DIDR0 = (1 << ADC0D);

You should read the data sheet section 21.6.1 Analog Input Circuitry.

Quote:
The ADC is optimized for analog signals with an output impedance of approximately 10 kΩ or less. ....
There is an ADC tutorial (select ALL and search for "free run"):
https://www.avrfreaks.net/index.p...

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Ok I tried that and it didn't work.

I also tried this:


ISR(ADC_vect)
{

 PORTB = 0x01;
}

And that did not work either. In my circuit, I do have a 10K in series with the ADC0 pin so I am satisfying the 10K impedance condition for the ADC input.

I think my ADC interrupt is not working. I guess I need to step back and check if the ADC is working without interrupts.

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Are you sure your LED is good and not in reverse? Not that I have ever done this. Also since you have all portb as an ouput try turning on the whole port int the ISR and use your volt meter and see if you get a reading.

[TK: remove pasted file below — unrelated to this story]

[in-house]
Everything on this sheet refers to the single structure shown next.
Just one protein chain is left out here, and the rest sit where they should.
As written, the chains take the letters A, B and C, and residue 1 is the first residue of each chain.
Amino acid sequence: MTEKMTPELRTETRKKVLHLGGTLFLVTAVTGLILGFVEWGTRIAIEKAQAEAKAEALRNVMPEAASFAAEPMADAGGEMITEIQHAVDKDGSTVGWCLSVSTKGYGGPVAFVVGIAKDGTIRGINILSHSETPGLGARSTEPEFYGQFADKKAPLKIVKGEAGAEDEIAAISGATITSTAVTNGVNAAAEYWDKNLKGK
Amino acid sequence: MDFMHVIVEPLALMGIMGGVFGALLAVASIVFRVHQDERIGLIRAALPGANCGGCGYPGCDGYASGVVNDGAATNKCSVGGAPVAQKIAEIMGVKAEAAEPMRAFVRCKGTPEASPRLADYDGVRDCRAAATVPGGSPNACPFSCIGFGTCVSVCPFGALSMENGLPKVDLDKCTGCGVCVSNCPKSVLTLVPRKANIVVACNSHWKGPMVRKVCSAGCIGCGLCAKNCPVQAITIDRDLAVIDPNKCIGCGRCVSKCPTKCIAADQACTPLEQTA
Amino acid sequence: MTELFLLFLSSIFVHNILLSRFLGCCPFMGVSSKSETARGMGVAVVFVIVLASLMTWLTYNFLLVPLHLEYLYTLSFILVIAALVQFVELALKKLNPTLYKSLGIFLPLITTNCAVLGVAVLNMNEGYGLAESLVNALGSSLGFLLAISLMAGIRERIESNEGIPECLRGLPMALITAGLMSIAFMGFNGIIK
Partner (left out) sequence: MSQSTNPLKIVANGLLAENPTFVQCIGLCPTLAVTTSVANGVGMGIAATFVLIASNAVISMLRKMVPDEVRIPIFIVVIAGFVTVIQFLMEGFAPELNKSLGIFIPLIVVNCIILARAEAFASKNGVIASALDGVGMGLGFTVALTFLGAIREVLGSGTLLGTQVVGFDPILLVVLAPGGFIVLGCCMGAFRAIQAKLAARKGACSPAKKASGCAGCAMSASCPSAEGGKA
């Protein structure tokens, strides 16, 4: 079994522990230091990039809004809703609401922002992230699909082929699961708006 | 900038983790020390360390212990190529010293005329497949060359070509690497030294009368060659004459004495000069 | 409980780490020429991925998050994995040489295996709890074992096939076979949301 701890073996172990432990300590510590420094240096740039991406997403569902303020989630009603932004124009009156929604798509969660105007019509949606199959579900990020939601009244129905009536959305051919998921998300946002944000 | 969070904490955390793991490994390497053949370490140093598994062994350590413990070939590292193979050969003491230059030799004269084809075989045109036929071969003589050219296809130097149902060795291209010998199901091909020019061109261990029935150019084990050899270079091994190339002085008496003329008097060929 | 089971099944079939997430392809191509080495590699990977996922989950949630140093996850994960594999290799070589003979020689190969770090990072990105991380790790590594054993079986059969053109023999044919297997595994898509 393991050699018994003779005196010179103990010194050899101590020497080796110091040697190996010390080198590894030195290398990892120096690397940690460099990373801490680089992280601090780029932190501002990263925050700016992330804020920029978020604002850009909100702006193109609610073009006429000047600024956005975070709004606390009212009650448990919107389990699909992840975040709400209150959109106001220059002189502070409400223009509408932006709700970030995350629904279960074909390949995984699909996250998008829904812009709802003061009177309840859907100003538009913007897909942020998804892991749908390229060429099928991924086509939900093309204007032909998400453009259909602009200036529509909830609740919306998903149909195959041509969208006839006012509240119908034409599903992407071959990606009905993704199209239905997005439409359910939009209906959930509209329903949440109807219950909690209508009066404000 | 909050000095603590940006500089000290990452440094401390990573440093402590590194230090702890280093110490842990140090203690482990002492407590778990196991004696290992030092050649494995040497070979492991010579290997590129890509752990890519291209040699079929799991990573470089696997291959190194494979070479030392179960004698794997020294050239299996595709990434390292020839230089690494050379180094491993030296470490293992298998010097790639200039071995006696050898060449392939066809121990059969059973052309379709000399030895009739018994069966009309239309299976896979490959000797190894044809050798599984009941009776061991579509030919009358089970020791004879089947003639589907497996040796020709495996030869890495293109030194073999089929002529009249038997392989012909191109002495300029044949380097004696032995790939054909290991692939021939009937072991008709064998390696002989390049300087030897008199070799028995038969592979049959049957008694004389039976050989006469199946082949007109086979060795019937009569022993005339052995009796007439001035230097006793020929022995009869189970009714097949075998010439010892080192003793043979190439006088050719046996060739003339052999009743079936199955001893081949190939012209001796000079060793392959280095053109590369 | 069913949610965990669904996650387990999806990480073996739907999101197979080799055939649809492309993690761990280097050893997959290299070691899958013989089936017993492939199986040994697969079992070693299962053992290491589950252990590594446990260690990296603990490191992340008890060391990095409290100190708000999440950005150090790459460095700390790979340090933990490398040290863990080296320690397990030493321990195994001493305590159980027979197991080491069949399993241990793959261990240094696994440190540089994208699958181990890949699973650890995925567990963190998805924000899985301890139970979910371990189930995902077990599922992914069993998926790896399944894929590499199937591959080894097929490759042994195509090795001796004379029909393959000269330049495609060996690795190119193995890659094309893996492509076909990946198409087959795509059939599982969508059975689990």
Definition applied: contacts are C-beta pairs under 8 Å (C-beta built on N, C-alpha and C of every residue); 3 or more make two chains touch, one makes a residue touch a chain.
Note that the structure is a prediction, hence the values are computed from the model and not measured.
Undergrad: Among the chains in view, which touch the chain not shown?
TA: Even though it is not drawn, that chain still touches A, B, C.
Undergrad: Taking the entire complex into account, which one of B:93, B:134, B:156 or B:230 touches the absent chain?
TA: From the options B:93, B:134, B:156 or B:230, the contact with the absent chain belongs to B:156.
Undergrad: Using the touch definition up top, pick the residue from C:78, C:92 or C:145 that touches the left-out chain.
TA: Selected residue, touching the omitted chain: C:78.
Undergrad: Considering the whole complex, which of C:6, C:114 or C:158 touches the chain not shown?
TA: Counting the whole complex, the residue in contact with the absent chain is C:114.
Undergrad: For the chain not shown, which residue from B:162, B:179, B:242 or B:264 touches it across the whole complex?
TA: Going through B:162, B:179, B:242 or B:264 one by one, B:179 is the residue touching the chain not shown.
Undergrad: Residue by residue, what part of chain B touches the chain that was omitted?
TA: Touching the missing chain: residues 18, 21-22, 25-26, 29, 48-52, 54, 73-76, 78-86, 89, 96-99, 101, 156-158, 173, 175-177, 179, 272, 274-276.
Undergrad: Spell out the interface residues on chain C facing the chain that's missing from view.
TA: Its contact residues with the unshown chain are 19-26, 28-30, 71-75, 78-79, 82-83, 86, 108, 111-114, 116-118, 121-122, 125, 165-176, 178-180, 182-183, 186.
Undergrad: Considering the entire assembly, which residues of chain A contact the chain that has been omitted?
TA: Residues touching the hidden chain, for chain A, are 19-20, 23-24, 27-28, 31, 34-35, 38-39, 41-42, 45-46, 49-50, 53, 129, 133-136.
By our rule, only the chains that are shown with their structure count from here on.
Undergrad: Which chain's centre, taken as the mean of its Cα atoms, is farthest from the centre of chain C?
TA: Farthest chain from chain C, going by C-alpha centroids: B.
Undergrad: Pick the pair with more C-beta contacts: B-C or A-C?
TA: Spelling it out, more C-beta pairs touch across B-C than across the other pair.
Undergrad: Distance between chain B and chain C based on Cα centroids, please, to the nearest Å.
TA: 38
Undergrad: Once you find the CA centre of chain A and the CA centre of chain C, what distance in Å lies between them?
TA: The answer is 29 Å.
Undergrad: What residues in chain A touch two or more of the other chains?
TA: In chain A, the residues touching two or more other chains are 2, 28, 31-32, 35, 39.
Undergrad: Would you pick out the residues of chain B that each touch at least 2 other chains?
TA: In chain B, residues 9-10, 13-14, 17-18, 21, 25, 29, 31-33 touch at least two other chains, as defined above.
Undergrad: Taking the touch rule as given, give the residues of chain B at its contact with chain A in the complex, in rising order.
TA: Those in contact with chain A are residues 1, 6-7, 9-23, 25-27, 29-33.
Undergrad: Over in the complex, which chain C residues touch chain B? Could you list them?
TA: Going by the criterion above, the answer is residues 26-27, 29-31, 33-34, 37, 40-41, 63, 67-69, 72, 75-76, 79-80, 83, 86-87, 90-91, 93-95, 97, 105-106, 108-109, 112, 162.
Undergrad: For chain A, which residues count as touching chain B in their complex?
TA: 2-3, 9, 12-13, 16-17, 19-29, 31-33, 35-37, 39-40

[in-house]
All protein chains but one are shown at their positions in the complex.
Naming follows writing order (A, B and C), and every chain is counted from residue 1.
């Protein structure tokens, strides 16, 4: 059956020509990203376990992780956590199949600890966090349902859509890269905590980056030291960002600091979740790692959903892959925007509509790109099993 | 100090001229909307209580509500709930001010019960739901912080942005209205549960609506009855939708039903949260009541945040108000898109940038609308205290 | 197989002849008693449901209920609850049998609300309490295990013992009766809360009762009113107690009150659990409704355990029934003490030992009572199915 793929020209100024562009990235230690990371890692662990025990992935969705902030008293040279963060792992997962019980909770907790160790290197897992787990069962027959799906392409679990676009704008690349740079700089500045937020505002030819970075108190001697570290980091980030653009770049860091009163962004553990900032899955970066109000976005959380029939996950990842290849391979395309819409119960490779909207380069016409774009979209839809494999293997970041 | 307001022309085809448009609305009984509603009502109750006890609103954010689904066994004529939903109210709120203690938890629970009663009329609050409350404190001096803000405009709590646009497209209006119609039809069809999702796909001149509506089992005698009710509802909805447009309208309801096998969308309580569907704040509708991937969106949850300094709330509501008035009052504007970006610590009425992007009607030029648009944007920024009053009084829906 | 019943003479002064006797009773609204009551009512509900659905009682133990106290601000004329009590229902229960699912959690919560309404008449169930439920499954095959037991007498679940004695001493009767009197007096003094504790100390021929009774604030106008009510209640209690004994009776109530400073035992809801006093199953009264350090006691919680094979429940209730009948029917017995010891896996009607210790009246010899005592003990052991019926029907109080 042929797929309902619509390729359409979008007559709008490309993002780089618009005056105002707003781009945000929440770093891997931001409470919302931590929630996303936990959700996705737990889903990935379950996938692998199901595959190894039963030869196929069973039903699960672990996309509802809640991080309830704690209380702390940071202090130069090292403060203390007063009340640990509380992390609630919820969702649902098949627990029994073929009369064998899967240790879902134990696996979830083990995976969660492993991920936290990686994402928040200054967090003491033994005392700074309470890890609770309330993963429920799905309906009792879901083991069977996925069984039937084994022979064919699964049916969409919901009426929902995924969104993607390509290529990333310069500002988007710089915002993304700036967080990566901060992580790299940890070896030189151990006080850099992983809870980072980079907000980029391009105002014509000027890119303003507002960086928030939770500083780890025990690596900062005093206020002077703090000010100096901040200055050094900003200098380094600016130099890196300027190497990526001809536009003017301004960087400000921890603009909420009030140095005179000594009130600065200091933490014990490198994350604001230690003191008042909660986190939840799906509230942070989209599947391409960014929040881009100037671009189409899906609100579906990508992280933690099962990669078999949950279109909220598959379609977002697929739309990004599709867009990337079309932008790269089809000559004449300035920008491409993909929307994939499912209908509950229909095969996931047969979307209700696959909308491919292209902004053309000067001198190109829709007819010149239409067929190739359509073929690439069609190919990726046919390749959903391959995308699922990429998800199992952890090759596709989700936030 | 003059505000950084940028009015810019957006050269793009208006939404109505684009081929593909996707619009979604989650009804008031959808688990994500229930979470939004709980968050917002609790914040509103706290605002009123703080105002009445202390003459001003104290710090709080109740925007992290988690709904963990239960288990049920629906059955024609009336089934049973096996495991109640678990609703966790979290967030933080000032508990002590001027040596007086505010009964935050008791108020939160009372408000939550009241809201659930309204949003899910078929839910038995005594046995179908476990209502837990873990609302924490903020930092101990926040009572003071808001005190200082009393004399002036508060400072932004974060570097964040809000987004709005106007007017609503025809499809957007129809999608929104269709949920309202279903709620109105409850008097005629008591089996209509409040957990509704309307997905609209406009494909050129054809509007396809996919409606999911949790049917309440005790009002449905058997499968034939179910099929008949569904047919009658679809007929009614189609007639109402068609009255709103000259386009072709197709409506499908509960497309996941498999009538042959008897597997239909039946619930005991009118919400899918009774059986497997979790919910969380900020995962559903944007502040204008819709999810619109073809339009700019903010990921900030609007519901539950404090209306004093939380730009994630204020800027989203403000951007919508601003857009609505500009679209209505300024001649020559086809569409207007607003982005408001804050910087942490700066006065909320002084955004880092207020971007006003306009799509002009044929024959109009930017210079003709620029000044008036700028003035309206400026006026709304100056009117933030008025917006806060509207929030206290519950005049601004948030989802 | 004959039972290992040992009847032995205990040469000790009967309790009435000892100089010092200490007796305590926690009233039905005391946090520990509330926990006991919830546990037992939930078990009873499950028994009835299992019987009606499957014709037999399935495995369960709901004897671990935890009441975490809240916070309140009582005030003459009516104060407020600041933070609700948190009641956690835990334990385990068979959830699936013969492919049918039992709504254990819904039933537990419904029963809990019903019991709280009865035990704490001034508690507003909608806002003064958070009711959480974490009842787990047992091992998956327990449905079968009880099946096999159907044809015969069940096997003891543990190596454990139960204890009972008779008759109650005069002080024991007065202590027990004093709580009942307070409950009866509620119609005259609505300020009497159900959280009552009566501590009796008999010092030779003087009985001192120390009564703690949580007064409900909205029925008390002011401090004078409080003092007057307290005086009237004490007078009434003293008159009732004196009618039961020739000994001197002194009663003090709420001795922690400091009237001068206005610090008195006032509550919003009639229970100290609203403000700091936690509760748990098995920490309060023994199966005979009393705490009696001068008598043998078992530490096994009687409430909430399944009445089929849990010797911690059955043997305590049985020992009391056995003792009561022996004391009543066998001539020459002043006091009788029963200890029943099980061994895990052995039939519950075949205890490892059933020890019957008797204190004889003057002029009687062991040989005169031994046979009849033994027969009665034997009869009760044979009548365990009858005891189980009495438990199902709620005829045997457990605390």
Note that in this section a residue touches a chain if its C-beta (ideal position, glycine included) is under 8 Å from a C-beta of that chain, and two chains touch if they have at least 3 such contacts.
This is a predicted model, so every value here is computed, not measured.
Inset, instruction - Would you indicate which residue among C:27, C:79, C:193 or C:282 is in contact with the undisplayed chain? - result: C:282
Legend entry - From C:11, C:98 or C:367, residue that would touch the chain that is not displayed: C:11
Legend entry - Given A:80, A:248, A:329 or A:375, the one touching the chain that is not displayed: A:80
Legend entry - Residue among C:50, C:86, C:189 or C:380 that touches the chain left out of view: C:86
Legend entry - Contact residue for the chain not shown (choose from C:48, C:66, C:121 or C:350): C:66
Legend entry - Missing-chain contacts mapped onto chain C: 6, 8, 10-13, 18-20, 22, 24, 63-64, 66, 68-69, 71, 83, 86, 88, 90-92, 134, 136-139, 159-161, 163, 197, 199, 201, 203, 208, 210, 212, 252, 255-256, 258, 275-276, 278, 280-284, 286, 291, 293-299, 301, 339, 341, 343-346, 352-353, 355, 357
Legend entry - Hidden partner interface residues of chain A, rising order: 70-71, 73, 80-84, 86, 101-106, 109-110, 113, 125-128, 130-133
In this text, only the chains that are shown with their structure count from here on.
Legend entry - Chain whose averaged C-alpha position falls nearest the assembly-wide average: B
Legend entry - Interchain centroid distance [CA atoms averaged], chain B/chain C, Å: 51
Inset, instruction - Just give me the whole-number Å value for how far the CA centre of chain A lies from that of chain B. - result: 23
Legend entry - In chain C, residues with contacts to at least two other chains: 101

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I checked the LED and it is in right.

I will try with PORTB = 0xFF but I am also going to try replacing the NTC by a 10K so I will get 2.5V going in to the ADC0 pin. This will be half the supply so I will be checking for 511 in my infinite loop.

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Ok that has worked. The biasing resistor was wrong. Now when I hold the NTC with my fingers, the LED is OFF but when I remove my finger, then the LED glows.(detecting heat on my finger)
But now it's working with interrupts and my ISR is firing.
Thanks for your help,guys.

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another nice thing that i like to do is hysteresis with the LED.

simply replace the ISR code with

if (ADCH < 180) 		//temperature is > 65 deg C
{
	PORTB |= 0x01; 		// Turn on LED2 
}
else if (ADCH > 185)	// temp < ?? deg c
{
	PORTB &= 0xFE;		// Turn off LED2
}

this will stop the LED from flashing and doing crazy stuff when right at the 65 deg c mark :) not needed but may prove useful to you

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Thanks, nedward.